Dennis Prager, the sometimes controversial, always thought-provoking radio host and syndicated columnist, wrote a column last week on the legacy the baby boom generation has bequeathed to younger Americans.
“We live in the age of group apologies,” wrote Prager. “I would like to add one. The baby boomer generation needs to apologize to America, especially its young generation, for many sins.”
One of those sins, according to Prager, is the mindless pacifism espoused by Sixties-era liberals and leftists and passed down to their ideological heirs – a pacifism neatly summarized by the popular 1960’s slogan “Make love, not war.”
“Our parents,” Prager continued, “had liberated the world from immeasurably cruel and murderous regimes in Germany and Japan – solely thanks to waging war. But instead of concluding that war could do great moral good, we sang ourselves silly with such inane lyrics as ‘Give peace a chance,’ as if that deals in any way with the world’s most monstrous evils. So we taught you to make love and not war. And we succeeded.”
The column struck a chord because the Monitor has long viewed baby boomers as the most overindulged, overrated, self-infatuated and self-destructive generation America has produced to date. (Full disclosure: the Monitor’s alter-ego is very much a part of that horrid generation.)
There are many things about the boomers that the Monitor disdains, perhaps none more than the baseless claim – repeated so often it’s been virtually inscribed as historical fact – that antiwar boomers basically shut down the Vietnam War.
Of course, even if one accepts the premise that the antiwar movement ended America’s involvement in Vietnam, the fact is that most of the more intelligent opponents of that war, and certainly just about all of those with the means and influence to do something about it – elected officials, journalists, financial contributors to political parties – were born well before 1946, the start of the baby boom era.)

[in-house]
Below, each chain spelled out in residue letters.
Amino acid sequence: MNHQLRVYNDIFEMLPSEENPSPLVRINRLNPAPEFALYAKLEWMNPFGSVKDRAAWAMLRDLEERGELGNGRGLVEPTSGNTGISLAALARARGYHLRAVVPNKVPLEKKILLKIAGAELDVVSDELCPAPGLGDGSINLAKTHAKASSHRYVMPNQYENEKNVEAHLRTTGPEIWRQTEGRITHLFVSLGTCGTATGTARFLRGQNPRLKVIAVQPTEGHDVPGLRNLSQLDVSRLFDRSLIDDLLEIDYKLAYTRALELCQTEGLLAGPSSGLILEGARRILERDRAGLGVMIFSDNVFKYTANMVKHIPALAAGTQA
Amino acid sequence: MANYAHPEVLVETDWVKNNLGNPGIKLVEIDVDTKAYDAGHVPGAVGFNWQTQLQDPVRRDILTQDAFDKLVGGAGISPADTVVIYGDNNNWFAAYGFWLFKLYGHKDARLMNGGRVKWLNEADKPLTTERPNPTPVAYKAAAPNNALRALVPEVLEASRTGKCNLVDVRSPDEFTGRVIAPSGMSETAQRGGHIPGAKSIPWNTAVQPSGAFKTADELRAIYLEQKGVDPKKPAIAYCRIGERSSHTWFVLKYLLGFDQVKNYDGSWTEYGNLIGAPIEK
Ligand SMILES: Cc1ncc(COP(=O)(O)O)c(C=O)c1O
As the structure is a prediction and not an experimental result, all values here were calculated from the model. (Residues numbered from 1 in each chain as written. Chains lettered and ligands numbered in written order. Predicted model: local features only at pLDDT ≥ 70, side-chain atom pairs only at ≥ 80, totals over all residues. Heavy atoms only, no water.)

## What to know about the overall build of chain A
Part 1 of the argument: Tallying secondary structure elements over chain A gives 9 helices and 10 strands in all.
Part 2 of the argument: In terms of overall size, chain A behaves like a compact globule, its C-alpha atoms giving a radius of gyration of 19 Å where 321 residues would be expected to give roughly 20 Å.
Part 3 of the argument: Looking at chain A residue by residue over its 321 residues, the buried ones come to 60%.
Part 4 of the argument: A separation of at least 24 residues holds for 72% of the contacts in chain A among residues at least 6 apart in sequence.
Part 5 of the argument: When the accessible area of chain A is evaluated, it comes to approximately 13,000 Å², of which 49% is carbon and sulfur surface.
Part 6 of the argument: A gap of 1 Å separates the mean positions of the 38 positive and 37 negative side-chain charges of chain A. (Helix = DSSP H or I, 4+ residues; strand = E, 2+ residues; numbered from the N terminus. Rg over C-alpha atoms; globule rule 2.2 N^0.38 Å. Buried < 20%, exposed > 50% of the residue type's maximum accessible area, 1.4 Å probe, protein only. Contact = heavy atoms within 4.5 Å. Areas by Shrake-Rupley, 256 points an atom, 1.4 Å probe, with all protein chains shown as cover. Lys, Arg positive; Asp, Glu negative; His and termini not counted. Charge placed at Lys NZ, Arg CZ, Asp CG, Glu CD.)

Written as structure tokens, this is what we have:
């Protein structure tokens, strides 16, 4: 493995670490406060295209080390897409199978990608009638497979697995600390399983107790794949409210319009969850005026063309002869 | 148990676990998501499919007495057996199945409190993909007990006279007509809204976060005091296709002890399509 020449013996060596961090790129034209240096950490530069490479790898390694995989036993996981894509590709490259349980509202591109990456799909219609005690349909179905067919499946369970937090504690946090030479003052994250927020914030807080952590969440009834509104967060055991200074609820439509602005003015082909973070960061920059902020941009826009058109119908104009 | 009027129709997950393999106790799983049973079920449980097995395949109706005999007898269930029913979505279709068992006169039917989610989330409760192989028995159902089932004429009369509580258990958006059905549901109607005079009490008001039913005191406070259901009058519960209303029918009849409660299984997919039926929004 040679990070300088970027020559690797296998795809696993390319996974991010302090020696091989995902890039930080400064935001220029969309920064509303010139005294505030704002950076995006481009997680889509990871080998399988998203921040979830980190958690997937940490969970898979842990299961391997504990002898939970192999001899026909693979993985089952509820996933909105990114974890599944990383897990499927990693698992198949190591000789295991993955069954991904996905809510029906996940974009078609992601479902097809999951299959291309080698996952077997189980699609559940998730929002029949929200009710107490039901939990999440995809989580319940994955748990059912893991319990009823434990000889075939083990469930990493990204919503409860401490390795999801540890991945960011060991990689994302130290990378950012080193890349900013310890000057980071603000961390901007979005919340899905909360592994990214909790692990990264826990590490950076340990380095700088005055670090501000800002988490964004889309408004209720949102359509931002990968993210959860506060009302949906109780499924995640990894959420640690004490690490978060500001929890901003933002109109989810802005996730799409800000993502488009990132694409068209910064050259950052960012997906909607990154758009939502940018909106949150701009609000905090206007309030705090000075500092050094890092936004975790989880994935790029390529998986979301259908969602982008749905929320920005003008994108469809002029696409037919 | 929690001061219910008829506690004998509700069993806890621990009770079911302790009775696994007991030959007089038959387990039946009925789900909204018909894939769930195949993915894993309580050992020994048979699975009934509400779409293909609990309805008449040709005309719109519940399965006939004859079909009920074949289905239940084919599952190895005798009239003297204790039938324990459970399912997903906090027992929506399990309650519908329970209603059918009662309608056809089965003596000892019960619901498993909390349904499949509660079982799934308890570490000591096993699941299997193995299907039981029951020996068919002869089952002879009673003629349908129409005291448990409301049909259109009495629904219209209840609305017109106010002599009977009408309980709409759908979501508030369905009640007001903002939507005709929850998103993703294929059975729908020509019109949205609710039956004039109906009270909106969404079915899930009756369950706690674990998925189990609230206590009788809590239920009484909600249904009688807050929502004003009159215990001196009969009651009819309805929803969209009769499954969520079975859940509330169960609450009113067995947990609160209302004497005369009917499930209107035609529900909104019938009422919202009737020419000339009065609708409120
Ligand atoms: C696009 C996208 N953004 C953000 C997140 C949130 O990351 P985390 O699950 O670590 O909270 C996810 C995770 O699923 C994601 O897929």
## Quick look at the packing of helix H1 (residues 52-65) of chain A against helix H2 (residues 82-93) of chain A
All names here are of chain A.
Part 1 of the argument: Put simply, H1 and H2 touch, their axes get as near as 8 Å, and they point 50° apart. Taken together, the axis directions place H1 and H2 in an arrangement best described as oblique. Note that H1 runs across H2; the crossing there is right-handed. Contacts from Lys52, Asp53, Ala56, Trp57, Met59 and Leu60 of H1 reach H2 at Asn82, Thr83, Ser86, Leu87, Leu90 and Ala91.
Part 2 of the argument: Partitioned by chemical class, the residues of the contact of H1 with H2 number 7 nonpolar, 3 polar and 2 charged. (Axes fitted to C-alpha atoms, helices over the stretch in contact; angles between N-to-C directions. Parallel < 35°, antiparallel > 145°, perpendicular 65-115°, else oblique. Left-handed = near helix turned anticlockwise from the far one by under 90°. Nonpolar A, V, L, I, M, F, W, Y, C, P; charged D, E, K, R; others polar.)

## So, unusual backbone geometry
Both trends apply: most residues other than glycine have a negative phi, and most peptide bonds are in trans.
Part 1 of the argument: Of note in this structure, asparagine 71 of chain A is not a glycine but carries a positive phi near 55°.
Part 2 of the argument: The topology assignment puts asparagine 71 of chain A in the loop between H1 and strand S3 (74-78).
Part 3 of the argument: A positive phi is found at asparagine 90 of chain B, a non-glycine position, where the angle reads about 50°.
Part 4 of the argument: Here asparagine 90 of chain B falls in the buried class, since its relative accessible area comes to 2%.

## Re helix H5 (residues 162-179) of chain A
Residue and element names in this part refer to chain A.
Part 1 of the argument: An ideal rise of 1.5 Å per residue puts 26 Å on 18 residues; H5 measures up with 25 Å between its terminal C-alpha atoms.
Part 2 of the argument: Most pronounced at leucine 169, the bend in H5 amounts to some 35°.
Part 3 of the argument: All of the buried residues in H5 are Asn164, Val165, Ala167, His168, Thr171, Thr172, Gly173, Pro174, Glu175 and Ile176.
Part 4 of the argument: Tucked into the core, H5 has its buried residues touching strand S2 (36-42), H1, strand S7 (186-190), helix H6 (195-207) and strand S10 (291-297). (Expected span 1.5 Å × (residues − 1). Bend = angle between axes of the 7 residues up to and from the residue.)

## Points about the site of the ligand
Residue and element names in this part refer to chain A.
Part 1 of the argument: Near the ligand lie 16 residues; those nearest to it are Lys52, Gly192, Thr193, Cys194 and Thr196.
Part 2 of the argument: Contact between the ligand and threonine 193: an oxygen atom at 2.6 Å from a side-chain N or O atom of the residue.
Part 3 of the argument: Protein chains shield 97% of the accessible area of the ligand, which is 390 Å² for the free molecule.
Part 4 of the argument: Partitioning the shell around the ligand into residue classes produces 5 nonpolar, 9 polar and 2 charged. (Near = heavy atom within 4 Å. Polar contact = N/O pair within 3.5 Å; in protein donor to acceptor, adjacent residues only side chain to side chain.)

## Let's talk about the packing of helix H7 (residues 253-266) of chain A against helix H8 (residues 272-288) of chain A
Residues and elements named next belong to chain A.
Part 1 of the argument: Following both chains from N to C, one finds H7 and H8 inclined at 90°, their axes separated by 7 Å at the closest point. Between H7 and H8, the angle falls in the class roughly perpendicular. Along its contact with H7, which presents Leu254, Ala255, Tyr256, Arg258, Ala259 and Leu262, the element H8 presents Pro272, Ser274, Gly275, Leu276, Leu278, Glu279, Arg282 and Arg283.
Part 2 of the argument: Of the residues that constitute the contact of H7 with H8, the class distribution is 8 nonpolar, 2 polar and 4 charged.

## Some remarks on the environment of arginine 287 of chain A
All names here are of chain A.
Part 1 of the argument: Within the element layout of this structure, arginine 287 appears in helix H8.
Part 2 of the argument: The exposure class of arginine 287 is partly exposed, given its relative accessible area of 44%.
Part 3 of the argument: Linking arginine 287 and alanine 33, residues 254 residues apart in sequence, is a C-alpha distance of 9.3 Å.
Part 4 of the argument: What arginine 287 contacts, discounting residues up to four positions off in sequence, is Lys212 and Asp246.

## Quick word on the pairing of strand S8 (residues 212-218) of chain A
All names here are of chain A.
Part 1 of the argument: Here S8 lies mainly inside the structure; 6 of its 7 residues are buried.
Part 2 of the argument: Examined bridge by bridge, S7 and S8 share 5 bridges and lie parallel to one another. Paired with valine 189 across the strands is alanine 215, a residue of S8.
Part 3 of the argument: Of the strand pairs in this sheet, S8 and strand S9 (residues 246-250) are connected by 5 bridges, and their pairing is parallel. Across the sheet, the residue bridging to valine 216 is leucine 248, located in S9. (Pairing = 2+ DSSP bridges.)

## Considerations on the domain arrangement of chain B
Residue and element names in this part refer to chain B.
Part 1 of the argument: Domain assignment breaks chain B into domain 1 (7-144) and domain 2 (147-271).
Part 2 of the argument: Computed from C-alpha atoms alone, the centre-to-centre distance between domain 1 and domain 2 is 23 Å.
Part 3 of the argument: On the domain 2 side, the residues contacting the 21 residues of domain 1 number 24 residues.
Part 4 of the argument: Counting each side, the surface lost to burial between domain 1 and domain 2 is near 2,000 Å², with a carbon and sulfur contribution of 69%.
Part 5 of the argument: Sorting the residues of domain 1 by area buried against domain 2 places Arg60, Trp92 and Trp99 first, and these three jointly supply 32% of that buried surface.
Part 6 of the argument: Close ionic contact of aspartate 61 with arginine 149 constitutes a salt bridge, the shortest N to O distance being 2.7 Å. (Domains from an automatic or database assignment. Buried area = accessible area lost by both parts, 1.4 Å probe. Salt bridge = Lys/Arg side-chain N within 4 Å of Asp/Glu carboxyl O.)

But the reality is that antiwar activists – of whatever age – were in no way responsible for ending the war.
All the major public opinion polls of that era, from the first stirrings of antiwar sentiment in 1965 to the mass demonstrations four and five years later, showed that the majority of Americans remained more or less supportive of their government’s policy in Southeast Asia.
The peace candidate Eugene McCarthy’s near victory in the 1968 New Hampshire primary was fueled in great measure by voters who felt the Johnson administration was not being aggressive enough in its prosecution of the war.
Many of those McCarthy voters actually went on to support the third-party candidacy of the Vietnam hawk George Wallace in the November general election.
As late as 1972 – a full eight years after the Gulf of Tonkin Resolution, four years after the Tet offensive, three years after revelation of the My Lai massacre and two years after the National Guard shootings at Kent State – the Democratic presidential nominee, George McGovern, running on an unambiguous vow to stop the war, suffered a loss of cataclysmic proportions to President Richard Nixon.
By then, of course, the antiwar movement itself had largely petered out as the Nixon administration implemented a series of troop withdrawals and the draft gave way to an all-volunteer armed forces.
Rather than give credit to the antiwar movement for stopping the war, it’s at least as valid to suggest that the turmoil created by the movement served further to paralyze U.S. policy makers, whose aims in Vietnam were never very clear to begin with.
After all, the war in Vietnam, at least in terms of Americans fighting and dying, lasted three times as long as the Korean conflict of the 1950’s – a war that, by way of comparison, elicited minimal backlash on the home front.
Speaking of the baby boom generation, former “NBC Nightly News” anchor Tom Brokaw is out with a new book, Boom!, a follow-up of sorts to his mega-seller The Greatest Generation, which chronicled a generation that, unlike its boomer offspring, actually did end a war, defeating Germany and Japan in World War II.
Boom! makes for interesting reading, but for a more substantial – and sobering – look at boomers and what they wrought, see Peter Collier and David Horowitz’s Destructive Generation: Second Thoughts About the Sixties.